The decision over Brazilian soya, engineered to be resistant to herbicides, is poised to have the widest effects - for the simple reason that it will doubtless attract the attention of European consumers. In stark contrast to their US counterparts, Europeans are generally hostile to genetically modified foodstuffs. Brazil is the world's second largest soya producer after the US.
Brazil has benefited from selling non-genetically modified soya to Europe. How it would cope with trying to supply both products is unclear. For example, it has yet to build the costly infrastructure to segregate the two types of crop.
Moreover, Brazilian approval of genetically modified soya would severely test the attitude of European consumers and the credibility of the European Union's policy of developing contamination thresholds in non-genetically modified food.
A substantial take-up by Brazilian farmers would lead to a parallel market in commodities, says Mark Mansour, a food lawyer with Keller and Heckmann, the US law firm. "Once you get a price premium for non-GM [genetically modified crops], it will test the tolerance of European consumers. Then we will find out just how deep is the tendency of Europeans to reject GM. We don't know that answer yet."
This could pan out differently across Europe, with France and Italy remaining hostile but the concerns of British and German consumers weakening, Mr Mansour suggests.
For Europe's food regulators, the worst scenario would be for a large European food company to have a non-genetically modified product fail the EU's threshold tests amid a blaze of publicity. The reputation of food producers and regulators would then come under scrutiny.
Most in the biotech industry assume that European hostility will remain strong for some years. For the companies - the Swiss-UK Syngenta and French-German Aventis as well as Monsanto and Dow of the US - the European market is important but not absolutely critical.
One of Monsanto's rivals plans to expand seed sales in Latin America, Asia and Australia but expects to do no business with European farmers for up to 10 years. However, the dislocating effects on world commodity trade of continuing European resistance could be severe, the company acknowledges.
Others see Europe as a critical factor for farmers in the developing world in deciding which crop to plant. Countries such as Thailand and Namibia have already scaled down their use of genetically modified foodstuffs to keep their European markets and will remain wary.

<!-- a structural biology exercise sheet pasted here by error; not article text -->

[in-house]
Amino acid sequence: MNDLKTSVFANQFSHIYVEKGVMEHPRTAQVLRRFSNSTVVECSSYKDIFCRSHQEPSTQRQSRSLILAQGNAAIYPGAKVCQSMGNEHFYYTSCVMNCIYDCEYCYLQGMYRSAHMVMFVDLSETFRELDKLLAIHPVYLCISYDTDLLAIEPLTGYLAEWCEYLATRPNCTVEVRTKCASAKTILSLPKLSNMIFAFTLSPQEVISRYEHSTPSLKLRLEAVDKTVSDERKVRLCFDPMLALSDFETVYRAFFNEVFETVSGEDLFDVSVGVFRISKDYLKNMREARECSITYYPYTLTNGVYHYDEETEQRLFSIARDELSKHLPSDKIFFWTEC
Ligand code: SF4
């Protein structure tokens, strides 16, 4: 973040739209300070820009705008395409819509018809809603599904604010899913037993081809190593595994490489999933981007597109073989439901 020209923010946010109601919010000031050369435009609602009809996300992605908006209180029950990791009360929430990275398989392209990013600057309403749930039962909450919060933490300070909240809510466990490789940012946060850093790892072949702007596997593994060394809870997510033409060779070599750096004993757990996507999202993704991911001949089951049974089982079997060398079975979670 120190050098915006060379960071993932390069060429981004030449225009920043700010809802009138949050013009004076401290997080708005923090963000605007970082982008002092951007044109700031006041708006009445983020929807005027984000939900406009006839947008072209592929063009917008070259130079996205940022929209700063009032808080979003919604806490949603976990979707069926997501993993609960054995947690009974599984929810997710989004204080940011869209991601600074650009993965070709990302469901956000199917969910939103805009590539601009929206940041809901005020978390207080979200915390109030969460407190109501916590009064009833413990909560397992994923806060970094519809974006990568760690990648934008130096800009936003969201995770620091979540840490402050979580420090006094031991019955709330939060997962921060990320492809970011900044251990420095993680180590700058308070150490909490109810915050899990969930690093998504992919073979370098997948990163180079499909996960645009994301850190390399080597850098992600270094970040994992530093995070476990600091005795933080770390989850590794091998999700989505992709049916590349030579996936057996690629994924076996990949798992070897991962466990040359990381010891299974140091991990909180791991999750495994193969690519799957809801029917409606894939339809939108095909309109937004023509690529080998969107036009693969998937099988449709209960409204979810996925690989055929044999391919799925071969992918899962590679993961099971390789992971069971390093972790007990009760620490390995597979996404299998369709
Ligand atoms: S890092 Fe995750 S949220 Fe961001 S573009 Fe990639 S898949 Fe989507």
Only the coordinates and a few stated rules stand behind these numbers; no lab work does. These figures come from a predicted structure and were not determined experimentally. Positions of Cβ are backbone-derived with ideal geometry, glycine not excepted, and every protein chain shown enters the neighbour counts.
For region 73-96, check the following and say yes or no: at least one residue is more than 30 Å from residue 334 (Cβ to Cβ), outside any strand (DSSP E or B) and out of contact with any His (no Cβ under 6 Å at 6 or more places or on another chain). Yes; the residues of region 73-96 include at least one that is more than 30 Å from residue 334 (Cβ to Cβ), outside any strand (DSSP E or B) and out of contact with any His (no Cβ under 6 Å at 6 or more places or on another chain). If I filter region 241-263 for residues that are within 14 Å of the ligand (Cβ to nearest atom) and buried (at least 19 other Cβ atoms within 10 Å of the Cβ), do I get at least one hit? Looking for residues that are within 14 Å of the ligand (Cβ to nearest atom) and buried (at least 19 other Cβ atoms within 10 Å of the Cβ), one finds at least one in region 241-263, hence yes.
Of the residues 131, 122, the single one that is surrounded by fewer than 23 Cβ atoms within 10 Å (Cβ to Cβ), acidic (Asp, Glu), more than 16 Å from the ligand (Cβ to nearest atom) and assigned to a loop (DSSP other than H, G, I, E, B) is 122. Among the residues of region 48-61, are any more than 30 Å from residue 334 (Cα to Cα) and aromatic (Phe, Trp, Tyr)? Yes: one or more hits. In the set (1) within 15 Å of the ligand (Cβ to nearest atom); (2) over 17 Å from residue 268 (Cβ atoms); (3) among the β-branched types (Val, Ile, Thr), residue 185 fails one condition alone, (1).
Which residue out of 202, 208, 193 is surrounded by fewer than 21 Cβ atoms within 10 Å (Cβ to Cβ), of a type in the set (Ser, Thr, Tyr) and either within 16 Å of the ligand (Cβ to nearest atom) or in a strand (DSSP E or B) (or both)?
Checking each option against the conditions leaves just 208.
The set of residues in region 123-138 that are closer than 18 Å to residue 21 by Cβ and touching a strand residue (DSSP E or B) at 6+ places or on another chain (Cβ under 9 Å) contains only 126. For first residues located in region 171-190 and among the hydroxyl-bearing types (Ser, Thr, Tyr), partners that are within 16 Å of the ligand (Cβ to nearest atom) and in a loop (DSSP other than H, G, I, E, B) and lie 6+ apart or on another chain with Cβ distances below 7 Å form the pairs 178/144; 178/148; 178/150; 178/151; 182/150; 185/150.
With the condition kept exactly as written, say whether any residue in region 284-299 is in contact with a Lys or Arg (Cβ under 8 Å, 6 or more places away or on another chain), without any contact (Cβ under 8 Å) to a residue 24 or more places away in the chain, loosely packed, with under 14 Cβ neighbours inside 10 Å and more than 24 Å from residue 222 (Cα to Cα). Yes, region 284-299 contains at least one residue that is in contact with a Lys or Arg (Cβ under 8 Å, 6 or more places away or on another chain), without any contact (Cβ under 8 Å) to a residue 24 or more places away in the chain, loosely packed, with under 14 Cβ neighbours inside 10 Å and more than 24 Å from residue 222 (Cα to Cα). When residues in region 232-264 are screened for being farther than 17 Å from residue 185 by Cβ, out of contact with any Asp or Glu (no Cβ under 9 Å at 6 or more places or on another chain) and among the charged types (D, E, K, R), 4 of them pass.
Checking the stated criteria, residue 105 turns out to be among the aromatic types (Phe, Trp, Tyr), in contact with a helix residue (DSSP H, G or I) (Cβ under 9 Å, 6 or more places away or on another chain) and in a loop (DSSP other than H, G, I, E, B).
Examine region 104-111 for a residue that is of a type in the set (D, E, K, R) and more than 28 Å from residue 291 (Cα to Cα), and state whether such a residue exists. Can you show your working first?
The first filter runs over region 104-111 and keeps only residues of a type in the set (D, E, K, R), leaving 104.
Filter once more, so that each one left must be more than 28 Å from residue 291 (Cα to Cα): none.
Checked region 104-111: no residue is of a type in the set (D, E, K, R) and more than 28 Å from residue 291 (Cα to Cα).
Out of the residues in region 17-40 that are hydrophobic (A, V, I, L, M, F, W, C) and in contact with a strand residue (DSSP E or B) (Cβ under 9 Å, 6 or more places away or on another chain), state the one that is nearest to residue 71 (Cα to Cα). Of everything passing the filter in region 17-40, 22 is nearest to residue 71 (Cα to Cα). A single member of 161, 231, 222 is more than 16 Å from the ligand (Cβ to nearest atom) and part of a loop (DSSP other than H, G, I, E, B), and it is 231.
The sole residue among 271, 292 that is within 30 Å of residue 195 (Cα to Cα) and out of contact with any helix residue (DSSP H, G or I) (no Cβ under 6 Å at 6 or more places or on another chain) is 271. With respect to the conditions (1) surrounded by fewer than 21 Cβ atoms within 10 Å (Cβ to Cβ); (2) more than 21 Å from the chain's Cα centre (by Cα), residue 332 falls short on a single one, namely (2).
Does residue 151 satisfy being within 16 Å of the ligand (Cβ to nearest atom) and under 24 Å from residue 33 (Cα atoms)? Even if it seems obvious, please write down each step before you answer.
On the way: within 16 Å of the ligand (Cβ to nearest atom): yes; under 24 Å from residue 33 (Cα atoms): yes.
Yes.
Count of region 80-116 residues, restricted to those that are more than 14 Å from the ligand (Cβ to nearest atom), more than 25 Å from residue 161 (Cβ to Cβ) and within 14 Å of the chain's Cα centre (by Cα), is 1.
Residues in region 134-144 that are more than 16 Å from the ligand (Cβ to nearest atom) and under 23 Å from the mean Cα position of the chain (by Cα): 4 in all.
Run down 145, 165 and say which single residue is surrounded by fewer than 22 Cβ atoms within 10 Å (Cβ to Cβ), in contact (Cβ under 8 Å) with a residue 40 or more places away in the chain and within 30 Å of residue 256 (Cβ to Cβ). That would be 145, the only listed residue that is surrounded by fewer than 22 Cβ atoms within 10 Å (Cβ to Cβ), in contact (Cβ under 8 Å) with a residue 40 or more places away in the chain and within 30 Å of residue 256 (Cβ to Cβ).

Even ardent supporters of biotech such as Prof Prakesh say that in spite of the huge significance of approvals by Brazil and India, Europe remains the key to genuinely widespread adoption of the technology.
"It is a huge and affluent market that imports food from all over the world. The science began in Europe [with the discovery of DNA] and Europe will dictate the future of agricultural biotechnology."
5. Farmers lose battle as GM cotton given the green light
March 28, 2002
The Sydney Morning Herald
John Vidal [via Agnet]
India, the world's largest grower of cotton, has, according to this story, opened the doors to genetically modified varieties after a four-year rearguard battle by academics and powerful farmers' groups who fear its introduction will lead to hundreds of thousands of poor farmers being forced off the land.
The story says that if, as expected, large-scale Indian farmers switch to the GM varieties, then most of the world's cotton is expected to be genetically modified within a few years. Up to 90 per cent of all US cotton is now modified, and South Africa, Argentina and other large exporters haveall changed in the past three years. China now grows more than 400,000 hectares of GM cotton.
The story adds that the Government's decision is likely to lead to further confrontations between Monsanto and farmers' groups, which can organise rallies of up to 1million people.
Activists were cited as saying the introduction of GM cotton will lead back to the economic colonisation of India by outsiders. Freedom from cotton colonisation was a central argument for independence more than 50 years ago, and handwoven cotton cloth was Mahatma Gandhi's resistance movement's symbol of opposition to British rule.